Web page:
April showers bring May flowers… and May flowers bring Condo debates over landscaping. Hopefully your May will have everyone agreeing on what colors and types of plants your community wants to plant. The April 2018 Condo Association news is more contentious. Drones, weed, and big changes in Canada – articulately captured by Ontario lawyer Michelle Kelly – make the headlines this month. Enjoy the April 2018 Condo Association News!
Pamela Dittmer McKuen, Chicago Tribune, April 10, 2018
Better Condo Life showcased the positive and negative of drones a couple years ago. We may have been a bit ahead of the curve, but drones are starting to finally see mainstream use. Hurricane Harvey saw numerous insurance companies using drones to assess damage. And now the Chicago Tribune is covering the impact of drones on Condo Associations.
This news story discusses how builders and others are using drones as part of their business. But it also cautions that Owners aren’t necessarily thrilled to see unknown drones flying overhead. The article also gives advice on how drones can be regulated by Associations to reduce nuisance use. If you’ve been seeing drones flying around your community, this article is for you.
Michelle Kelly, Condominium Management Law Blog, April 19, 2018
Ontario, Canada, has been in the Condo news due to making major changes to their Condominium Act. Of note, two new authorities were created – the Condominium Authority of Ontario and the Condominium Management Regulatory Authority of Ontario. The former helps Owners, the latter regulates Condo Managers.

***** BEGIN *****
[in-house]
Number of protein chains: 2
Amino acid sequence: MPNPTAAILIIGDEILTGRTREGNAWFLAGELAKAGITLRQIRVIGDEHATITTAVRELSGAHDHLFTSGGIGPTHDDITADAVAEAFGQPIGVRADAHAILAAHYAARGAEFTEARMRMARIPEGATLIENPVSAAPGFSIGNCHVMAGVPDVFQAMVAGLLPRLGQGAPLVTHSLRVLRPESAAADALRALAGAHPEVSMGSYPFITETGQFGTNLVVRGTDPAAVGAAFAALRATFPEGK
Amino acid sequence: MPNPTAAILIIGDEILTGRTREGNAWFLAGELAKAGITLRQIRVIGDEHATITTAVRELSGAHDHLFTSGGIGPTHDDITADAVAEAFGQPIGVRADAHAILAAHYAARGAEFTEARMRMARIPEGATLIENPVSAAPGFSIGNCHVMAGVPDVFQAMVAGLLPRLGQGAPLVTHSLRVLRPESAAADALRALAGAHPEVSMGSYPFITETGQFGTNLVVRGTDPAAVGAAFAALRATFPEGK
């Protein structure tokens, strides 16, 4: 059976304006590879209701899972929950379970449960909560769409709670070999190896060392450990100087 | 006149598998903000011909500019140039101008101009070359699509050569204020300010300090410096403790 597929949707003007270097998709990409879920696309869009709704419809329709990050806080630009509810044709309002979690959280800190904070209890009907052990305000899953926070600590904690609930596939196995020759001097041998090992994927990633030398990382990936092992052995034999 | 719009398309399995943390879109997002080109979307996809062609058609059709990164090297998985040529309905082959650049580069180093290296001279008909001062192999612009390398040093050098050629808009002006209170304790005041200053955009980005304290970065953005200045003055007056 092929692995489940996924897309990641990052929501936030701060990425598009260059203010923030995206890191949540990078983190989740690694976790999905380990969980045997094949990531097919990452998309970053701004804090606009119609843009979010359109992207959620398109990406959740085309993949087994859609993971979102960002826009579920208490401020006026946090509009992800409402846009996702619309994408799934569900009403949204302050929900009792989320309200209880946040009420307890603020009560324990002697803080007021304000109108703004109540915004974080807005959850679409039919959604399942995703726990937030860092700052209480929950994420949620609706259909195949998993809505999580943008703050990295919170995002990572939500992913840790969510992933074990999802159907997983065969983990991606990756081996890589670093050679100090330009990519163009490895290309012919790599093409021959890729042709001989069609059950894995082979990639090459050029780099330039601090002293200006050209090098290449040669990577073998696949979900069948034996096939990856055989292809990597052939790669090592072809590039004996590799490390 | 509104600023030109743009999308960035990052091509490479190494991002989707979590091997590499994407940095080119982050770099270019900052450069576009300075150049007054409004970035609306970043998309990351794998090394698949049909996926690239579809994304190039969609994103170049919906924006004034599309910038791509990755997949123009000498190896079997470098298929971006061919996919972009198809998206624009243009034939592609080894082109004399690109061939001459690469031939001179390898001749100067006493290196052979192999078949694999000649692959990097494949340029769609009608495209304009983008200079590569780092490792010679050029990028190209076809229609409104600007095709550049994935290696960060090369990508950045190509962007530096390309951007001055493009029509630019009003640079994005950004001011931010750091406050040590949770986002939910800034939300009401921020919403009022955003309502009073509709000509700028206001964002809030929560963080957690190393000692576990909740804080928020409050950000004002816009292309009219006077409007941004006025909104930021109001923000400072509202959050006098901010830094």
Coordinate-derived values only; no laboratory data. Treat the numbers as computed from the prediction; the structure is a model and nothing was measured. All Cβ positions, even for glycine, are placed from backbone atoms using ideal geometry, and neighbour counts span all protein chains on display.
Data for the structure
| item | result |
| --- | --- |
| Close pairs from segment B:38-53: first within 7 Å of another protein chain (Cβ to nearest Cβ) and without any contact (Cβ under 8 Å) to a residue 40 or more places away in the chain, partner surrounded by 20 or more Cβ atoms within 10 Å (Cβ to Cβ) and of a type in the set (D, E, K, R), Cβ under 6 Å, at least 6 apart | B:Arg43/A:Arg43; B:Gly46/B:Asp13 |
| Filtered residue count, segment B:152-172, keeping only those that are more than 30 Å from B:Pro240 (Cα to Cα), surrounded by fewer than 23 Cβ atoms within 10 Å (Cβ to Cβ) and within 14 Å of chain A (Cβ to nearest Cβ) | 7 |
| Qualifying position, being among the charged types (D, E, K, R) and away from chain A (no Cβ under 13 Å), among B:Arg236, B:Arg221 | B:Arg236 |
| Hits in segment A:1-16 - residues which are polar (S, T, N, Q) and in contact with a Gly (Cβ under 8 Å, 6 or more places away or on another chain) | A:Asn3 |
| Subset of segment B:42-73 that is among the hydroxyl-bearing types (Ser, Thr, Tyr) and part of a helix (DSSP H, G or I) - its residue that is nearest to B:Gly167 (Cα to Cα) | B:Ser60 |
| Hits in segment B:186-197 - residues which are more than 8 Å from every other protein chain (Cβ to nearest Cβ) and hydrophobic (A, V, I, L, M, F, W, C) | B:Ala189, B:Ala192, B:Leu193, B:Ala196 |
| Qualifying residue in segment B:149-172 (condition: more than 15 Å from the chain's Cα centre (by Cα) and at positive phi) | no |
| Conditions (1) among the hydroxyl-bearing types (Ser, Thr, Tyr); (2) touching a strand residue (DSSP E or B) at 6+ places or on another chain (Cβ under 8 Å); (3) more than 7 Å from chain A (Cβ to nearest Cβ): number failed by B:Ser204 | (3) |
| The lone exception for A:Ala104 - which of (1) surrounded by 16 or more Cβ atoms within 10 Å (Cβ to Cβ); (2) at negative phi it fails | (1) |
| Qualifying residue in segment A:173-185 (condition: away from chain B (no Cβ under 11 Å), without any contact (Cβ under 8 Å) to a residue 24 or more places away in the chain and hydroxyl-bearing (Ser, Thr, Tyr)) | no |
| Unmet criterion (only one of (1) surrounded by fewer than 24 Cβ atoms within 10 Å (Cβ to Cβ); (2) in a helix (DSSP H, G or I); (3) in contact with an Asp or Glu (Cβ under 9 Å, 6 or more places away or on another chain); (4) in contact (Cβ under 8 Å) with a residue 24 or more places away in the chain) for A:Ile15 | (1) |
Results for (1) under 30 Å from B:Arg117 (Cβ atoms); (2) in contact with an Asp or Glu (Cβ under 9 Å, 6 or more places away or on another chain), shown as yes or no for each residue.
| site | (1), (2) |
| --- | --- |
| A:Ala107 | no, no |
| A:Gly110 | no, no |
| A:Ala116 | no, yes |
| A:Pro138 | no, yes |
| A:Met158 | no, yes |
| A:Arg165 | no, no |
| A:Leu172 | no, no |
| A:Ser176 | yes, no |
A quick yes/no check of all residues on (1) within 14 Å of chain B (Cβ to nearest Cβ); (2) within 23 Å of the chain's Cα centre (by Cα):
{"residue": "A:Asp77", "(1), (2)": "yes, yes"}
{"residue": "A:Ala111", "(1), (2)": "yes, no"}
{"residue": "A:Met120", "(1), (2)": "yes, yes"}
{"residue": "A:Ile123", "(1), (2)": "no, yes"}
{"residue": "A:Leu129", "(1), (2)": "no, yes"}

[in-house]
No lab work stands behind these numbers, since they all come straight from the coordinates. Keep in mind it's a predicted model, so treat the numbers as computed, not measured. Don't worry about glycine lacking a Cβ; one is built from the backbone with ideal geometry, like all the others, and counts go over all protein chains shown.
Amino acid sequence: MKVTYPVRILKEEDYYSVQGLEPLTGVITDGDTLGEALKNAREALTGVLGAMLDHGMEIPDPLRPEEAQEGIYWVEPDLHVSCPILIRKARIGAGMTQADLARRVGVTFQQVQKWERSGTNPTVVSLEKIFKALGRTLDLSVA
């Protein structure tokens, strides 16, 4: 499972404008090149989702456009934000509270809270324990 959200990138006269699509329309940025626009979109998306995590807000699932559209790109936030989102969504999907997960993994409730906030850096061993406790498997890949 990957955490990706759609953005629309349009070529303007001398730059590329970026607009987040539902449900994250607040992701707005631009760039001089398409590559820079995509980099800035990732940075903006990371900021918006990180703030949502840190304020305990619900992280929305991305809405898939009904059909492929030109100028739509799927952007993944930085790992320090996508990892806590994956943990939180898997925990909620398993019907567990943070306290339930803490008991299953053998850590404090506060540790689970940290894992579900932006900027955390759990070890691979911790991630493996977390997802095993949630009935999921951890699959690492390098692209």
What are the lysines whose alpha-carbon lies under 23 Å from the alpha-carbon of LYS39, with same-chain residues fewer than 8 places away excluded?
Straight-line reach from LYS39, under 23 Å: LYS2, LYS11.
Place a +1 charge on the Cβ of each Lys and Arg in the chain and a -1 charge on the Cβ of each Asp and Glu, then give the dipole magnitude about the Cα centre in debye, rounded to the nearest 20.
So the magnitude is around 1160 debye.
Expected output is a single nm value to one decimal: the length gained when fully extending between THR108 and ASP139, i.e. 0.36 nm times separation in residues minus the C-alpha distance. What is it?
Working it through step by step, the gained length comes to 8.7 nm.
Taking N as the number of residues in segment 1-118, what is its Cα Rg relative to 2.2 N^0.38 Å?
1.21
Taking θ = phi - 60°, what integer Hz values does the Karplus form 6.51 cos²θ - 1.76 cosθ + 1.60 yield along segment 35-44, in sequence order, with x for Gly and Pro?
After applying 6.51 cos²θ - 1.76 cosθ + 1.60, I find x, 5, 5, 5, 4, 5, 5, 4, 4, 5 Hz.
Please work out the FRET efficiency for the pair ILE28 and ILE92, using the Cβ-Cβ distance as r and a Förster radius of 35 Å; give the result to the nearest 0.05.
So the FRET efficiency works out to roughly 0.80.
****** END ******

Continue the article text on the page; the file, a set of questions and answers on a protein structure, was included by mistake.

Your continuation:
Michelle Kelly details the impact of these new authorities for real estate agents and lawyers, discussing the forms, notifications, and other paperwork that is required for new Condo Owners. Additionally, she reinforces one of the most important responsibilities for any Condo Owner – read your documents for bylaws that matter!
Natalie Nanowski, CBC News, 4/22/18
In addition to legalizing marijuana use, Canada will also be allowing individuals to grow up to four plants on their property legally. This is terrifying to Condo Associations, as they can envision their multi-dwelling units becoming enormous grow houses. Marijuana grow operations are power intensive, which can lead to electrical issues, and improper ventilation can cause mold and moisture. And that’s to say nothing of the smell.
Advocates note that with proper equipment, growing can be safe, hygienic, and odor free. There are numerous products available which can help control the smell and moisture from growing. This causes a challenge for Condo Boards, since it only takes a few sloppy Owners to cause big problems.
According to the article, some 400 Condo communities have already banned growing. For some real estate organizations, this is not enough, and they want to see Ontario restrict growing further in smaller units. Boards need to act quickly, and more importantly, enforce aggressively. Mold or electrical issues from improper grow operations will undoubtedly cause big problems.
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